You don’t know how many times I’ve witnessed another diver on the boat with gear scattered everywhere. It not only creates a problem for other divers, but builds upon any pre-dive stress they may have. Experienced divers know that an organized dive bag, whether it is a roller bag or mesh one, will get you in the water faster as well as rinsed and on your way to lunch faster. Also, there are special considerations when packing for travel. To have you packed like a pro, here are a few tips we’ve picked up from experienced divers.
How to pack your dive bag for the dive site:
The bag you pack for use at the dive site is a bit different than how you pack for travel. The general philosophy when packing for use at the dive site is to pack what you need last, first. Since you are not going to need those fins until it is time to dive, put fins in first. At the opposite end, the first thing you do when you get to your dive site is set up your gear. You want to put your regulator and BCD on the tank before you leave the dock in case there are any problems. You need the BCD and regulator first; pack those towards the top. Here are more packing tips…
Pro Packing Tips
- Pack your dive bag in this order (starting from the bottom up)
- Fins (unless you have side fin pockets. In which case, use them!)
- Accessories such as mask, snorkel, boots, gloves, hood, lights, SMB, reel, etc.
- Regulator and computer
- Wetsuit – while you many not put your wetsuit on immediately upon arriving at the dive site, it provides nice padding for your regulator in case something gets put on top of your bag.
- Side fin pockets make your main bag compartment less cluttered. You can also keep your boots stored with your fins in the main compartment, so you always know where they are.
- Items such as gloves, boots, lights, reels, SMBs, etc., can clutter up your dive bag fast. Keep these items in a mesh bag.
- Mesh dive bags are a great way to keep your items together in a rinse tank after the dive. Tuck one (or two) into your gear bag pocket for post-dive clean up. When you are done diving, simply put the items in the bag and dunk into the rinse tank.
- Store smaller items like mask defog, Pro-Plugs and save-a-dive kit in front pockets of the bag.
- Store dive essential spares such as backup mask or regulator separate from your other main dive gear. This prevents it from getting wet and requiring a rinse at the end of the day.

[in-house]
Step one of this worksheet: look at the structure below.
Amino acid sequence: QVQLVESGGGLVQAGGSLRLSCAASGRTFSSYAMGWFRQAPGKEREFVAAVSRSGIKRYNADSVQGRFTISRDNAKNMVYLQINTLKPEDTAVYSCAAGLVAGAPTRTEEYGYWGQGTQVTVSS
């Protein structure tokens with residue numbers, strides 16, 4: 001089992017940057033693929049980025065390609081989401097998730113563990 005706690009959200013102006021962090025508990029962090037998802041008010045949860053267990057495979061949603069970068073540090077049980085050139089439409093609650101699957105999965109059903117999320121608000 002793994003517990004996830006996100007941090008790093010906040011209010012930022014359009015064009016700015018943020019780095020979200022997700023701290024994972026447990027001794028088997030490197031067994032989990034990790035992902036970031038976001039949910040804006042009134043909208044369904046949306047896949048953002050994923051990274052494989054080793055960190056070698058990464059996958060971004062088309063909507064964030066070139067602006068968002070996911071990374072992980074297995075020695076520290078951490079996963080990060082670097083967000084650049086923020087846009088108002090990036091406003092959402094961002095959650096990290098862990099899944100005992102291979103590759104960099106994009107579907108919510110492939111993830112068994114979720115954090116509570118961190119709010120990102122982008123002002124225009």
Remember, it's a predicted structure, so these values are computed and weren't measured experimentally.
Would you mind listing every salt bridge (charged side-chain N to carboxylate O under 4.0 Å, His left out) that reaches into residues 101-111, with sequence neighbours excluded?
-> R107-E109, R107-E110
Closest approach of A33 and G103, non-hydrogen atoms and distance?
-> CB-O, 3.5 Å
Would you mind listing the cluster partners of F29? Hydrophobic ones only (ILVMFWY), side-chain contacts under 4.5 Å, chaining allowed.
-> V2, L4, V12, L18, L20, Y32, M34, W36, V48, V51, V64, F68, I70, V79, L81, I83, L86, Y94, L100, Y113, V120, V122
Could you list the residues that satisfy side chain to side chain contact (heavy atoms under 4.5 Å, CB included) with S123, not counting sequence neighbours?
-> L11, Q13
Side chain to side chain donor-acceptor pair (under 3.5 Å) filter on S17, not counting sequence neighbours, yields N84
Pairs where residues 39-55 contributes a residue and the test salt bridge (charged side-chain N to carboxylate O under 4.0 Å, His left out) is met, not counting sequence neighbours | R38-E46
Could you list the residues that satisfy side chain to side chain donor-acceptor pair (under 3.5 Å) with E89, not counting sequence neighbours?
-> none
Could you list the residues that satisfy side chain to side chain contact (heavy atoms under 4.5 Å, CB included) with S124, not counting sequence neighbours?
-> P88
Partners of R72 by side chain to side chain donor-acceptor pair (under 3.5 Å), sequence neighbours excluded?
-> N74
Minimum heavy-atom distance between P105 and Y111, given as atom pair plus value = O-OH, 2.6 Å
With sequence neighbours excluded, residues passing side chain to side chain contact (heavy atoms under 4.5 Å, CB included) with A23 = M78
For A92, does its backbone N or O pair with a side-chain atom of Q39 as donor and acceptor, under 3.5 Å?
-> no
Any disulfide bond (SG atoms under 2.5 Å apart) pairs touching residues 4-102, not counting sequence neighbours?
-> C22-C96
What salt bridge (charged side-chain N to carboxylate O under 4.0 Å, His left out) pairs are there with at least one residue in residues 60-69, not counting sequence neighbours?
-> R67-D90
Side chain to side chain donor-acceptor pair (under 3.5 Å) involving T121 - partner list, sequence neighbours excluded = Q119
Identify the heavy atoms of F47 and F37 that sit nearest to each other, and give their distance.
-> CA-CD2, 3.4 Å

- No matter how hard you try, the items you want to keep dry and clean still manage to end up with salt water and/or sand on them. Keep them safe by storing them in a drybag. Check out the Moyo for GoPro to keep your camera safe.
How to pack your dive bag for travel:
Your checked luggage takes abuse while traveling. Therefore, packing your dive bag for travel takes special consideration. Here are a few tips from both dive pros and the TSA to make sure your gear arrives at your destination intact.
Pro Packing Tips:
- Always carry on your dive computer! If the rest of your dive gear shows up late, you can still start your dive vacation by renting some temporary gear. However, it is not a wise plan to switch dive computers once your dive bag arrives. Keep your dive computer with you the whole way to make sure your dive profile is accurate. Besides, why would you want to learn how to use a different dive computer on your vacation?
- Pack your expensive and/or delicate dive equipment in your carry-on, and lock your dive bags with a TSA approved lock. – This one comes straight from the TSA. Even they don’t trust what goes on once the conveyor belt takes your bag out of sight.
- Make sure you bring your prescriptions, including seasickness medication and decongestants with you. Especially if you are traveling to a remote location.
- Pack your BCD first and in the middle of the bag, then put the fins on either side. This helps to provide padding on the bottom from the BCD, and a wall on either side from the fins.
- Make sure your mask is in a protective hard case.
- Stow your regulator in a regulator bag for extra padding. It is also easy to carry on.
- If you must pack delicate items in your checked luggage, wrap them in a wetsuit or clothing for padding.
- Don’t pack your weights. Every dive boat and dive destination has them available.
- If you choose to travel with Spare Air (emergency pony bottle), make sure the valve is out of the cylinder and is packed on top so it can be inspected at your time of departure.
- Make sure you pack your scuba diving knife in your checked luggage. Trust me on this one, they don’t find it amusing.
- Pack a mesh bag to carry gear to and from the hotel. It also makes a great dunk bag for post-dive rinsing.
With Stahlsac, you can #GoAnywhere. Stahlsac offers a wide variety of roller, carry-on, regulator bags, camera bags and mesh dive bags and backpacks. Find a retailer near you.